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  • Lemon Law in New Mexico

    New Mexico Lemon Law

    Purchasing a vehicle can be a daunting task. If you are like most consumers, you do your homework and compare prices before you brave the haggling at the dealership with a crafty salesperson. Unfortunately, there are times when all of that preparation seems to go to waste. No sooner than you drive the car off the lot, you may discover that you have bought a "lemon."

    A lemon is a new or used vehicle that, after purchased, is discovered to have major defects that weren't apparent before. Luckily, the state of New Mexico has a lemon law, designed to protect consumers like you when such a deal is made.

    Basically, the New Mexico lemon law allows vehicle manufacturers a reasonable amount of repair attempts overs a reasonable amount of time to fix a defective car before they must refund your purchase or replace your car.

    On this page you'll find a general overview of the New Mexico lemon law and what you may need to do if you wind up with a lemon.

    How To Spot a Lemon in New Mexico

    There are situations in which a car is purchased new and is later discovered to have some manufacturer defects. In most cases, those are honest errors on the dealership's part and are covered by the new car's warranty. However, sometimes lemons are used cars and it is an unfortunate truth that some are sold in a dishonest manner. In New Mexico, a car is legally considered a lemon if, within 1 year of the delivery of your vehicle or before the expiration of your warranty:

    • The car can't be repaired after 4 attempts by a mechanic.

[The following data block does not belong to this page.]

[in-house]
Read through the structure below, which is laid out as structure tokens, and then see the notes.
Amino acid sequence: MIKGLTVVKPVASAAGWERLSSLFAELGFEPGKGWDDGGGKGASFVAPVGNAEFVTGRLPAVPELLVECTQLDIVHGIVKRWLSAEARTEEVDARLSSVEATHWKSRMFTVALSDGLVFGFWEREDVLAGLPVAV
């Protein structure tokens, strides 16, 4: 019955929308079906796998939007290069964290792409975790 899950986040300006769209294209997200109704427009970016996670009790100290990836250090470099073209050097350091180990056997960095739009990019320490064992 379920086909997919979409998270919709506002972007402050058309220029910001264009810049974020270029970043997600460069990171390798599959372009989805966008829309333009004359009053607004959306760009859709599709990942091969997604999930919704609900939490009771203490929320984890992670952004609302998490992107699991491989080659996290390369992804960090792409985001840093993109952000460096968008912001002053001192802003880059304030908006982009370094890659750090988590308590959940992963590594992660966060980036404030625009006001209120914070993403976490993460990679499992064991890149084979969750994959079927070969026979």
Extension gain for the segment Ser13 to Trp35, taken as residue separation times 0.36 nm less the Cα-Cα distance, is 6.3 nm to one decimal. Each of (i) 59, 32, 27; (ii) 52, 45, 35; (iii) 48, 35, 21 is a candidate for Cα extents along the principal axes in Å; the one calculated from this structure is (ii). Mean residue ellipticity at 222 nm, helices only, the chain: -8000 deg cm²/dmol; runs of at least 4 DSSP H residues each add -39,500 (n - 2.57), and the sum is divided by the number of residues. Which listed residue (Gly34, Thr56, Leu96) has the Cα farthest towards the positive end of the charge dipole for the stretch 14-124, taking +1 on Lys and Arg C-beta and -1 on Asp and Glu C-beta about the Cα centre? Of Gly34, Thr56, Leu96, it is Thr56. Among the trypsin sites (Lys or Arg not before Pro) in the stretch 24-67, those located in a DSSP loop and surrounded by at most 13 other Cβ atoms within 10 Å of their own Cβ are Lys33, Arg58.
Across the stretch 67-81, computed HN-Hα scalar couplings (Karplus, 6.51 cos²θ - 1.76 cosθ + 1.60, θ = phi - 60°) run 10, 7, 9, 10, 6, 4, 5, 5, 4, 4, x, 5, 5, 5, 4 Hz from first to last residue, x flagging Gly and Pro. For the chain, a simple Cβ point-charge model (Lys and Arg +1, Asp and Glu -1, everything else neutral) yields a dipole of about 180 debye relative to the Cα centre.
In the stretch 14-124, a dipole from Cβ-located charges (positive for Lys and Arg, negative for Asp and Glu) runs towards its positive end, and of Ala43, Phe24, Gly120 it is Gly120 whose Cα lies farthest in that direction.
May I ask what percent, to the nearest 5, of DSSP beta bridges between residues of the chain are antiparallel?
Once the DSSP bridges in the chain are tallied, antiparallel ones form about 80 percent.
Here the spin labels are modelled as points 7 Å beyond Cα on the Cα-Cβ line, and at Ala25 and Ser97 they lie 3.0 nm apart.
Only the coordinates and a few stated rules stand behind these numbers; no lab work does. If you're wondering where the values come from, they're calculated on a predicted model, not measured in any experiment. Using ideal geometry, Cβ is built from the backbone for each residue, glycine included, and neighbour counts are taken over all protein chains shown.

• The car has been out of service for 30 business days or longer.

    NOTE: Used car purchases are covered by the New Mexico lemon law for either 15 days or 500 miles, whichever happens first.

    Lemon Law Legal Action in New Mexico

    You must take precautions in order to protect your rights as a consumer. Yes, you may have a lemon that meets the above specifications, but you will need documentation to prove it. Keep all paperwork concerning the car's history with you. That includes any and all automotive repair bills and quotes. You must allow the manufacturer a chance to repair what is wrong with the car. If they cannot, then the next step is to file a complaint.

    If your used car turns out to be a lemon, you may need to pay for some of the initial repairs.

    If your car is determined to be a lemon and cannot be repaired, you will either:

    • Be refunded or receive a replacement vehicle from the manufacturer.
    • Need to settle the issue through the manufacturer's informal dispute and settlement program, if necessary and applicable.
      OR
    • Settle the issue in court, if necessary.

    In cases where you are still not given a satisfactory resolution, then you may want to hire an attorney. In New Mexico, under the Motor Vehicle Quality Assurance Act, you are entitled to a reimbursement of attorney's fees, should the court find in your favor. The New Mexico Attorney General has more to say about your consumer rights and the lemon law on the official website.

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